On Notice: The Trouble with Notice and Consent
Proceedings of the Engaging Data Forum: The First International Forum on the Application and Management of Personal Electronic Information, October 2009
7 Pages Posted: 21 Feb 2015
Date Written: 2009
This paper scrutinizes the use of ‘notice and consent’ to address privacy concerns in online behavioral advertising (OBA). It is part of a larger project with Dan Boneh, Arvind Narayanan, and Vincent Toubiana to evaluate the social, political, and ethical standing of OBA and to develop a system (PRIVADS) for privacy- preserving OBA. We develop a distinction between the ethical implications of the (1) tracking that is required to develop user profiles to be used in the (2) targeting of individual users with particular ads. We show how tracking and targeting present both distinct and overlapping ethical concerns and how existing mitigations tend to treat these concerns as one and the same, even when they seem to address different problems. Anonymization, for instance, attempts to defuse the privacy concerns of tracking by excluding ‘personally identifiable’ or ‘sensitive’ information, but offers little to quell concerns over targeting. On the other hand, policy solutions, particularly notice and consent, attempt to render participation a matter of choice, but generally fail to explain whether a user agrees or disagrees to tracking, targeting, or both. Moreover, we show how various types of complexity render current notice mechanisms practically and inherently insufficient. This is due to (1) the confusing disconnect between the privacy policies of online publishers and the tracking and targeting third parties with whom they contract, each of whom have their own privacy policies; (2) the fickle nature of privacy policies, which may change at any time, often with short notice, and (3) the ever-increasing number of players in the ad network and exchange space, resulting in flows of user data that are opaque to users. To the extent that meaningful notice remains illusory under such conditions, we conclude that even an opt-in regime would lack legitimacy.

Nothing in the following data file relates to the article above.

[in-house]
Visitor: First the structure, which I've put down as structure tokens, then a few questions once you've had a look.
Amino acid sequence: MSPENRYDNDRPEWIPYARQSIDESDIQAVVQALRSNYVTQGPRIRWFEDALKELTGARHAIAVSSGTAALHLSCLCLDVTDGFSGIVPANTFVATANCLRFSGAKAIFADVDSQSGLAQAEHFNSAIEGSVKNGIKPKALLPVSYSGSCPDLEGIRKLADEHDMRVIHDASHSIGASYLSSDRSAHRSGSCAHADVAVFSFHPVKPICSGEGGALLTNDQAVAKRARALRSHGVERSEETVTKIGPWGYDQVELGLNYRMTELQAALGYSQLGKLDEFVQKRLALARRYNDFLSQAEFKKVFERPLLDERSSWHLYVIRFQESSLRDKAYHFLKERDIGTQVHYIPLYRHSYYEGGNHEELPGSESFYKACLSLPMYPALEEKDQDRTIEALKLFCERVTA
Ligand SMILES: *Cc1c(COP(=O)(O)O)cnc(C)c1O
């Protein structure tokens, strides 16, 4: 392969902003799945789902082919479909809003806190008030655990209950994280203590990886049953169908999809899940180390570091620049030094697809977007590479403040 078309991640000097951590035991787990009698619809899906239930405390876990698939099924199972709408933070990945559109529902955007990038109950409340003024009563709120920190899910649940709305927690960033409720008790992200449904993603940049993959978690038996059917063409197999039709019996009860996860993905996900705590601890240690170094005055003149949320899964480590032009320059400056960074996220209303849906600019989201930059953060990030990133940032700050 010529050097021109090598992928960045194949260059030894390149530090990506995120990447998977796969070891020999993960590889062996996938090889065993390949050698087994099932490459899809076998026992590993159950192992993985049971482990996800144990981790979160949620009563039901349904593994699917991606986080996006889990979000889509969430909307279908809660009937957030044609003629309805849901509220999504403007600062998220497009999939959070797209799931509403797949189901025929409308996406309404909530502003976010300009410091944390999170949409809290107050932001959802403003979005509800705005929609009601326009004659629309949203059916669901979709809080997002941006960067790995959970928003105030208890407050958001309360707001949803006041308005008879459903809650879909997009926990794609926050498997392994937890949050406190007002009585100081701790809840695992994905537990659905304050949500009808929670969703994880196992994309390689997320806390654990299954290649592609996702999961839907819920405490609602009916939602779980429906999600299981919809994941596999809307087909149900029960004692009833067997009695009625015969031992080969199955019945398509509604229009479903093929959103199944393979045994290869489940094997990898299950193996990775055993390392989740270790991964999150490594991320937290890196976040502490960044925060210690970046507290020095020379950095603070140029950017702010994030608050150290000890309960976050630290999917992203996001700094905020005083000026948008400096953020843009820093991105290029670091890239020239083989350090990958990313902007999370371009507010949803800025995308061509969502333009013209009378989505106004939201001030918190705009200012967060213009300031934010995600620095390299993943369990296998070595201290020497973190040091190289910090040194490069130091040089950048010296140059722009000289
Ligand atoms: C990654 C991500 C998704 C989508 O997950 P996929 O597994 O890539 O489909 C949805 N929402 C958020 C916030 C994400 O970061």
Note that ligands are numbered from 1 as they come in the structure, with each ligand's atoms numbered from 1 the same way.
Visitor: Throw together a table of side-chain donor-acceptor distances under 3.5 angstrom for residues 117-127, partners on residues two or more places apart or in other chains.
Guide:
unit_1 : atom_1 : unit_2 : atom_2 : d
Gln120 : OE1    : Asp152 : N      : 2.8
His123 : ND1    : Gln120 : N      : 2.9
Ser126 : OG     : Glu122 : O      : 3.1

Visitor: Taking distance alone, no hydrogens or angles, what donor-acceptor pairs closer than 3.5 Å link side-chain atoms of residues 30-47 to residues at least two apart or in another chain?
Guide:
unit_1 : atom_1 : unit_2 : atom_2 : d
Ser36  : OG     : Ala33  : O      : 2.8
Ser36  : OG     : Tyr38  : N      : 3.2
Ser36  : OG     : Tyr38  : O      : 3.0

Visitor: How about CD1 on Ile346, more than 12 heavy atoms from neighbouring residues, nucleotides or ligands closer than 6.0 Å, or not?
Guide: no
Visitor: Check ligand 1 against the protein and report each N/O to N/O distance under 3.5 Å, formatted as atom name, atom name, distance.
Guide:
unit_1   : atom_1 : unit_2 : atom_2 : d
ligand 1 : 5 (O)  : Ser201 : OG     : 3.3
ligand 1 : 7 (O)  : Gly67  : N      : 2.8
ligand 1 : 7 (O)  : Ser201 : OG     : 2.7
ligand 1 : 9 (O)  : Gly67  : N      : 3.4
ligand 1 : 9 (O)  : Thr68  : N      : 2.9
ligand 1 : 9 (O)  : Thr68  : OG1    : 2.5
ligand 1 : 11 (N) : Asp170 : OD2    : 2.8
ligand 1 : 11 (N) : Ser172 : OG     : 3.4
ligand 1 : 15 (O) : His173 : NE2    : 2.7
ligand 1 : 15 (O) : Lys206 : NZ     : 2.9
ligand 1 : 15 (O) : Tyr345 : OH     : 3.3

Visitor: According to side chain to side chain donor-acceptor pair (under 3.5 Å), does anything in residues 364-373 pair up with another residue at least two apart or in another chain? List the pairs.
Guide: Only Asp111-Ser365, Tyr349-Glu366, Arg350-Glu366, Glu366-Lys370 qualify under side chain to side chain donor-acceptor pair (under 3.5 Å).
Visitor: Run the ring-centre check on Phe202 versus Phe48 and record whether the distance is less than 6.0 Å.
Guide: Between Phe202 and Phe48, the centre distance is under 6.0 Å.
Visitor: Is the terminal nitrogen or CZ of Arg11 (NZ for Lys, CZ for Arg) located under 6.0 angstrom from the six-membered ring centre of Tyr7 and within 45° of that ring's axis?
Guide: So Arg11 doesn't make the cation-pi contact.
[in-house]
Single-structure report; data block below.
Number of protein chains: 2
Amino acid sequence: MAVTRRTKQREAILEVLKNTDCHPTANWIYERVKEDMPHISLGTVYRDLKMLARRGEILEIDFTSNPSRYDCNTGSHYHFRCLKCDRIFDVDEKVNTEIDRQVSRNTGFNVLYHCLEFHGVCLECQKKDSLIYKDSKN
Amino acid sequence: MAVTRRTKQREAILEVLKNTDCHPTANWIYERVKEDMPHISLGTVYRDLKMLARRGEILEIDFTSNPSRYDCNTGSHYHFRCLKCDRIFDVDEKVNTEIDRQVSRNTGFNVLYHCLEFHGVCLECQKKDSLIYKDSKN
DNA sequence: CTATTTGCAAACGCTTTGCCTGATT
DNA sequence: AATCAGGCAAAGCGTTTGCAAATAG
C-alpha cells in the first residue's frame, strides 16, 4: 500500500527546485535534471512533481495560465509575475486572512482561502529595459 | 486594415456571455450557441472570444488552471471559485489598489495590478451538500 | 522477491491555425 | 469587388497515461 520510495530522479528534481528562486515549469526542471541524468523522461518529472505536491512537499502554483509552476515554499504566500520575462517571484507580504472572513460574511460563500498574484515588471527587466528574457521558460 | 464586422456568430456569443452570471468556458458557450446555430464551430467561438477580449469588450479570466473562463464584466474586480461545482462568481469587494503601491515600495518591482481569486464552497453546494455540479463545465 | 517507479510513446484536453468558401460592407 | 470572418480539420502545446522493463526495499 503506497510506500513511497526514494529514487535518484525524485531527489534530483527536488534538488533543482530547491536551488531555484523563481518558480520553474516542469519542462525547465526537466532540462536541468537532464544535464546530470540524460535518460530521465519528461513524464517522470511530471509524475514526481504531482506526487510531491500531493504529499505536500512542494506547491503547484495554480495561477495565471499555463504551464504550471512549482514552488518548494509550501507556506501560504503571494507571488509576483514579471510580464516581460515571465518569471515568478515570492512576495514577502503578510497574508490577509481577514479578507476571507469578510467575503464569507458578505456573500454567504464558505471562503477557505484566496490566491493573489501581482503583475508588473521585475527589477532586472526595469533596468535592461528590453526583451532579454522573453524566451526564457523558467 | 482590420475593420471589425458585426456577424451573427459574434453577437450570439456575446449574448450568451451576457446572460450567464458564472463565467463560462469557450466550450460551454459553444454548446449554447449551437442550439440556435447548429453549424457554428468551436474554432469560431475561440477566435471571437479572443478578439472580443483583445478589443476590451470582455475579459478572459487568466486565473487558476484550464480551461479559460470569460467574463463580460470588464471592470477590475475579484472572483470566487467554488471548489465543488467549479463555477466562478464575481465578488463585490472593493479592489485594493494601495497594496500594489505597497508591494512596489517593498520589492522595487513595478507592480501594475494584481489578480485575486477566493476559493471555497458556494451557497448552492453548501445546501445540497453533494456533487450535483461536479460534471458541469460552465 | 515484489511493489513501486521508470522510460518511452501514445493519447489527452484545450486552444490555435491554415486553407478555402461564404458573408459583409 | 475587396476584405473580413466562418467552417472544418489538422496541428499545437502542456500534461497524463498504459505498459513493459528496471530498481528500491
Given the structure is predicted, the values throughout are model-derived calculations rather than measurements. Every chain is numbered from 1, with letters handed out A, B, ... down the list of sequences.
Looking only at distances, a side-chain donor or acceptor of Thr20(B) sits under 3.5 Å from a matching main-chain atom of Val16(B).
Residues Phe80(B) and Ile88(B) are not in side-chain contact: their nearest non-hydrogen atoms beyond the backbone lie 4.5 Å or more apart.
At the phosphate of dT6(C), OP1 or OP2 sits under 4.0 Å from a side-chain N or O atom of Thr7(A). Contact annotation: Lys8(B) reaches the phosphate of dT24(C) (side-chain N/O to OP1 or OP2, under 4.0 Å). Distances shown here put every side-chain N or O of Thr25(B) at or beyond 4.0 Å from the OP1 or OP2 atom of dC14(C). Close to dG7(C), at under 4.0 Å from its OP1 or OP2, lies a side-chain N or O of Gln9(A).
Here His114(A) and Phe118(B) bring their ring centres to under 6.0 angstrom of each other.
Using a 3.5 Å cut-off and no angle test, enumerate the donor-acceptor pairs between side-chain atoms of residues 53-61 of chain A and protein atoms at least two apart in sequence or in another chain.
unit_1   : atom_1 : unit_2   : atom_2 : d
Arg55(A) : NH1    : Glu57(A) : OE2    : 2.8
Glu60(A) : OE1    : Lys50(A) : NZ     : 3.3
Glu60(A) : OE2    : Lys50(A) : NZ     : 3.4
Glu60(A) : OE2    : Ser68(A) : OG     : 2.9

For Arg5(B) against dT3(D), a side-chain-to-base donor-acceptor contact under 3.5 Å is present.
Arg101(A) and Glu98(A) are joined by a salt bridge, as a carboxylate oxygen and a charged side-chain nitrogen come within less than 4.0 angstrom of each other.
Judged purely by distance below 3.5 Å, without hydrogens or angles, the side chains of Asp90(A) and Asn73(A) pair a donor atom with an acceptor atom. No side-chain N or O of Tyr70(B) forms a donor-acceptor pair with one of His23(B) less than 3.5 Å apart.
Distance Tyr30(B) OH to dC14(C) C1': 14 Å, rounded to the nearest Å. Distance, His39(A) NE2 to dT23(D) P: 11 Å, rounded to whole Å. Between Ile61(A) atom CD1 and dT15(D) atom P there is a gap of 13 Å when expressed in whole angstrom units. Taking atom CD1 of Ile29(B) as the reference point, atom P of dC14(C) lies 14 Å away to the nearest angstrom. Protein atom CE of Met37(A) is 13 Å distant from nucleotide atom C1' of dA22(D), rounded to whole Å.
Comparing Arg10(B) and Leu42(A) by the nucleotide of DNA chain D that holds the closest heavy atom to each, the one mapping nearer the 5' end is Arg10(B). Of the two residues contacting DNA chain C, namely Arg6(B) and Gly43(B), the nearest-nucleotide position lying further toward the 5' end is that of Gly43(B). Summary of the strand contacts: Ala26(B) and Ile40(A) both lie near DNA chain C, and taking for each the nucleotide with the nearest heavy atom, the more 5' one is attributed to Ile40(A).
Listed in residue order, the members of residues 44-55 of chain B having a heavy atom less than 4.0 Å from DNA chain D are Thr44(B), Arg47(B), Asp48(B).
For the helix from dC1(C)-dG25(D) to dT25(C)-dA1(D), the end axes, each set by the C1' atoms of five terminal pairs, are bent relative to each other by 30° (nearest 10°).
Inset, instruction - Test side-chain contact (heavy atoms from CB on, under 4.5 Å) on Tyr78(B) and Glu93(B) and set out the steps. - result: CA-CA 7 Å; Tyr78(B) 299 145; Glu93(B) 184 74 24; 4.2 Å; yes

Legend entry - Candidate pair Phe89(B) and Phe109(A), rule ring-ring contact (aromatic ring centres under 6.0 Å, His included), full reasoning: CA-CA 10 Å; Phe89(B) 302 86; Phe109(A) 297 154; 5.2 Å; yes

Keywords: privacy, consent, big data, online behavioral advertising, tracking, cyberlaw, privacy policies
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